Crime & Punishment – Blame & Accountability

BLAME & ACCOUNTABILITY

Gee – they go together like a horse and carriage. The CIA Interrogation controversy has been front and center this past week and what stands out, no matter what side you take, is the blame game. Blame the old White House for overstepping authority; blame the new White House for waking up the sleeping dogs. Blame the lawyers. Blame the interrogators. Blame the detainees for being such intrinsically bad people.

A process tinged with so much blame highlights that there is another principle at work here – you could call it Greed (a la Gordon Gecko) and that is the phenomena of skating right to the edge of an ethical question, or ‘getting away with as much as you can’.

The Getting Away With (GAW) principle is the polar opposite of Accountability. In the GAW, the question is never asked about whether something is legal, or moral, or right. Instead the question becomes one of degree and how far you can go without brushing up against laws, moral outrage, the notice of Congress or whatever.

If Accountability means taking responsibility for one’s actions, then GAW means not taking responsibility, not even admitting what is obviously happening, but instead pushing the responsibility onto to someone else, i.e. the lawyers, the White House Counsel, the Justice Dept., the CIA, the individual interrogators. Sort of like a musical chairs game where you go as far as you can, do whatever you want, and hope by the time the game is over, someone else is left holding the bag.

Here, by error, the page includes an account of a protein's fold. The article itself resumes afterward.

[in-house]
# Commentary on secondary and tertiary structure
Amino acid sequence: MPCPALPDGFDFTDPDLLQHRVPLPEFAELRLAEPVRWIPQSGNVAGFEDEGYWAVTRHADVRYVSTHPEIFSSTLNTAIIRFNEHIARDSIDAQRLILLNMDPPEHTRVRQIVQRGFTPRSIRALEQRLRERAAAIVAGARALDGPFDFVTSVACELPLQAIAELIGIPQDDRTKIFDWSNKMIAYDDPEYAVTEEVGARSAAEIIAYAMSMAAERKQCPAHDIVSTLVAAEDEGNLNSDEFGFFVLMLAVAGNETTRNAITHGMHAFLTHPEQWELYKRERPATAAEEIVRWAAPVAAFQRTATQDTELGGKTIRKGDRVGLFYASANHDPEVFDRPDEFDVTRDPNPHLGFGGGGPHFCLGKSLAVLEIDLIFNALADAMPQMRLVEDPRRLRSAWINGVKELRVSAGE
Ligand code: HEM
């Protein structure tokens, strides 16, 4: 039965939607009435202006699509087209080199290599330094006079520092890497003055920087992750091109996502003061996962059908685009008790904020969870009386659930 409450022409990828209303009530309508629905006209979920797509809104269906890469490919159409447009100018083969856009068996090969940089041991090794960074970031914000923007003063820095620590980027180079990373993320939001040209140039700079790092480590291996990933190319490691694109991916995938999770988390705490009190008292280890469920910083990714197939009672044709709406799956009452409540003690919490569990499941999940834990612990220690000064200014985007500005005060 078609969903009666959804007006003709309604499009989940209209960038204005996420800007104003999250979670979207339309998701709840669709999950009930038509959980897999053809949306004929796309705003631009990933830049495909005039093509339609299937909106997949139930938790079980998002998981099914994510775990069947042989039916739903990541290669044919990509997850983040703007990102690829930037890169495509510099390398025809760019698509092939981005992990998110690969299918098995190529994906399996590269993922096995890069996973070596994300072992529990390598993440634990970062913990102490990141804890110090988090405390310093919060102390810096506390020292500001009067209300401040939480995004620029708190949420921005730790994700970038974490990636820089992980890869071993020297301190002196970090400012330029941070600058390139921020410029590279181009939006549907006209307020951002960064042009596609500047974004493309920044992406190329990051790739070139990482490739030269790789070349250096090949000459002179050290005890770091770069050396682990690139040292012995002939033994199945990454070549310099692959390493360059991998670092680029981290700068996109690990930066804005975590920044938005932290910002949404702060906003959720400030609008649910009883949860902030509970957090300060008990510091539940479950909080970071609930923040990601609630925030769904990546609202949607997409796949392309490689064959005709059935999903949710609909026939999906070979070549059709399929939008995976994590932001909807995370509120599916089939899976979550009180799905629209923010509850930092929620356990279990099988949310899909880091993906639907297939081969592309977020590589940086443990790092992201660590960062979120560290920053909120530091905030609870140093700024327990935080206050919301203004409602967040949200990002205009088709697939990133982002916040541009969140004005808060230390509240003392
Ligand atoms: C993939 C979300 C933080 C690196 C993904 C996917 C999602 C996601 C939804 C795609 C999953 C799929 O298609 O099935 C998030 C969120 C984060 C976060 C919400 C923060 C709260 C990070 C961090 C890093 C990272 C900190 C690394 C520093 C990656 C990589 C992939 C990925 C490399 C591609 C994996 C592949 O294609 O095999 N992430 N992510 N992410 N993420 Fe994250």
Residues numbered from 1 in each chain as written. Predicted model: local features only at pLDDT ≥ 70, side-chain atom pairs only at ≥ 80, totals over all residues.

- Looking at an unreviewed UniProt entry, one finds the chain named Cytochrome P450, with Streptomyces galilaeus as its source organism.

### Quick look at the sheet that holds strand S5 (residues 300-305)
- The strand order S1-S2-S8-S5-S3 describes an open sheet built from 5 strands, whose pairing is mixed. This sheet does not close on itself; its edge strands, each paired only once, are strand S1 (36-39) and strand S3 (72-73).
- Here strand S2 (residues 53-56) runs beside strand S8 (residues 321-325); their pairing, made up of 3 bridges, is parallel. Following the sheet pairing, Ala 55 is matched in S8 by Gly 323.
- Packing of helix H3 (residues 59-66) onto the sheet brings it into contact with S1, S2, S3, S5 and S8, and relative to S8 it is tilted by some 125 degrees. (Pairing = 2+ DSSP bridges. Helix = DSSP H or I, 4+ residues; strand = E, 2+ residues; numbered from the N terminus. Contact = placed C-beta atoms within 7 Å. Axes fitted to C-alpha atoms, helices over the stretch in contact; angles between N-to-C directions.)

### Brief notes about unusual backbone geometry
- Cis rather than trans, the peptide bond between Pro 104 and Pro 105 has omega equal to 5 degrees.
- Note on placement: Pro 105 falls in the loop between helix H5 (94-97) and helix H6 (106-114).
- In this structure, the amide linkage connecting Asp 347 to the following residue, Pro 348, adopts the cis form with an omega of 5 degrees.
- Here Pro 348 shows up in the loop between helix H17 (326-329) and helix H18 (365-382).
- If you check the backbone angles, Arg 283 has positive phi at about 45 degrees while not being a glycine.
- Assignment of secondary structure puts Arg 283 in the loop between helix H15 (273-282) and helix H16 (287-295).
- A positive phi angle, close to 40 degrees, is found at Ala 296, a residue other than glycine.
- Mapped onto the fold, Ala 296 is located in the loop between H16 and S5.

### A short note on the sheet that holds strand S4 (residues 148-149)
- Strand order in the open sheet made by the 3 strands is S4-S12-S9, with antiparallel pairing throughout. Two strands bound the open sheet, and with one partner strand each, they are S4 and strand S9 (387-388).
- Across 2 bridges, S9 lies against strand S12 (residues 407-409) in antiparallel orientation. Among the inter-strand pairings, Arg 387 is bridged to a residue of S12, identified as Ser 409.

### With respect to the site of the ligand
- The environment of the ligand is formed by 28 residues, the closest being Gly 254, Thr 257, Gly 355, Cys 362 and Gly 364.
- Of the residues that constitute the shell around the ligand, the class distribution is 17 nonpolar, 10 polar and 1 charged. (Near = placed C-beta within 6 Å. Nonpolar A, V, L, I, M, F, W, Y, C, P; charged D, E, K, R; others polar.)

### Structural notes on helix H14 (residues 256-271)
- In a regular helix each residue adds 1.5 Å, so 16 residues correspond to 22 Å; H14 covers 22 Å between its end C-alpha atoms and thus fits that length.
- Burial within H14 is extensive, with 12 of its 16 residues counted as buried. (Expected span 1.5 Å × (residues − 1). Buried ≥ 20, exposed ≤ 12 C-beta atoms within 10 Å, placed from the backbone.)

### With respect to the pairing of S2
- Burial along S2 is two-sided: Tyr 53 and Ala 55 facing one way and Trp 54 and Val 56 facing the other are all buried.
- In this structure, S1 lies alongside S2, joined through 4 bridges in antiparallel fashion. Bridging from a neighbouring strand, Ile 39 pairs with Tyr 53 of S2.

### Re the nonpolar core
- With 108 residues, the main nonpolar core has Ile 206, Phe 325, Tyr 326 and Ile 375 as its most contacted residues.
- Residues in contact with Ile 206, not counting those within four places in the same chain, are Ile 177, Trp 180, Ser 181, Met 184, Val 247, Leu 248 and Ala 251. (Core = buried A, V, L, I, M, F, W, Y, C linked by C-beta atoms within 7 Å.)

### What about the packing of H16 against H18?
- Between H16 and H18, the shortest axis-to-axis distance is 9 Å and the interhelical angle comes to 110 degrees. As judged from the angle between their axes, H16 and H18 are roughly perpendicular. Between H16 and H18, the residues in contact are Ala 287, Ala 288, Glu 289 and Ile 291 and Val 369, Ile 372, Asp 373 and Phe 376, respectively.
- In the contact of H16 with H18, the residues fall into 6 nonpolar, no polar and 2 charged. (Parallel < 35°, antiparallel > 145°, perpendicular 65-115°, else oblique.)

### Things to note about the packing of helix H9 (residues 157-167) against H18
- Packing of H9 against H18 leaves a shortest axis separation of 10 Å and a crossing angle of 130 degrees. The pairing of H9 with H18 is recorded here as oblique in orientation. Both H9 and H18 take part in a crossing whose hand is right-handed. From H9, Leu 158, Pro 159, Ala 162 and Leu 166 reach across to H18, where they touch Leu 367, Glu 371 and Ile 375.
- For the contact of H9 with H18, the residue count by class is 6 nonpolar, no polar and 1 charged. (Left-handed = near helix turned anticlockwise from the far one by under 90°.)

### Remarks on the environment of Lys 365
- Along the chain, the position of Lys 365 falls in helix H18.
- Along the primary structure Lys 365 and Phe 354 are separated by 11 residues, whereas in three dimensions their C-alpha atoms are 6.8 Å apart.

If you are wondering what this has to do with RISK – it’s the pushing around of the accountability – responsibility. If risk is going to be addressed in an analytical manner, then you have to examine, and insisit on, accountability.

So in a corporate setting, say the ENRON debacle – the justice system addresses who was accountable. Who knew what? Who signed the memos? Who shredded? Who decided?

In government decisions, there is almost a preference for non-accountability. Even though, as an organization with a budget, it should be judged just like a corporation, an association or anything else – there is a tendency for government to say “it’s the system”, as if decisions were made by the eight ball instead of an actual person. If you contribute each government decision made to an actual person, then you have accountability.
Probably why there are so many committees!

Accountability is always the Number One Control!

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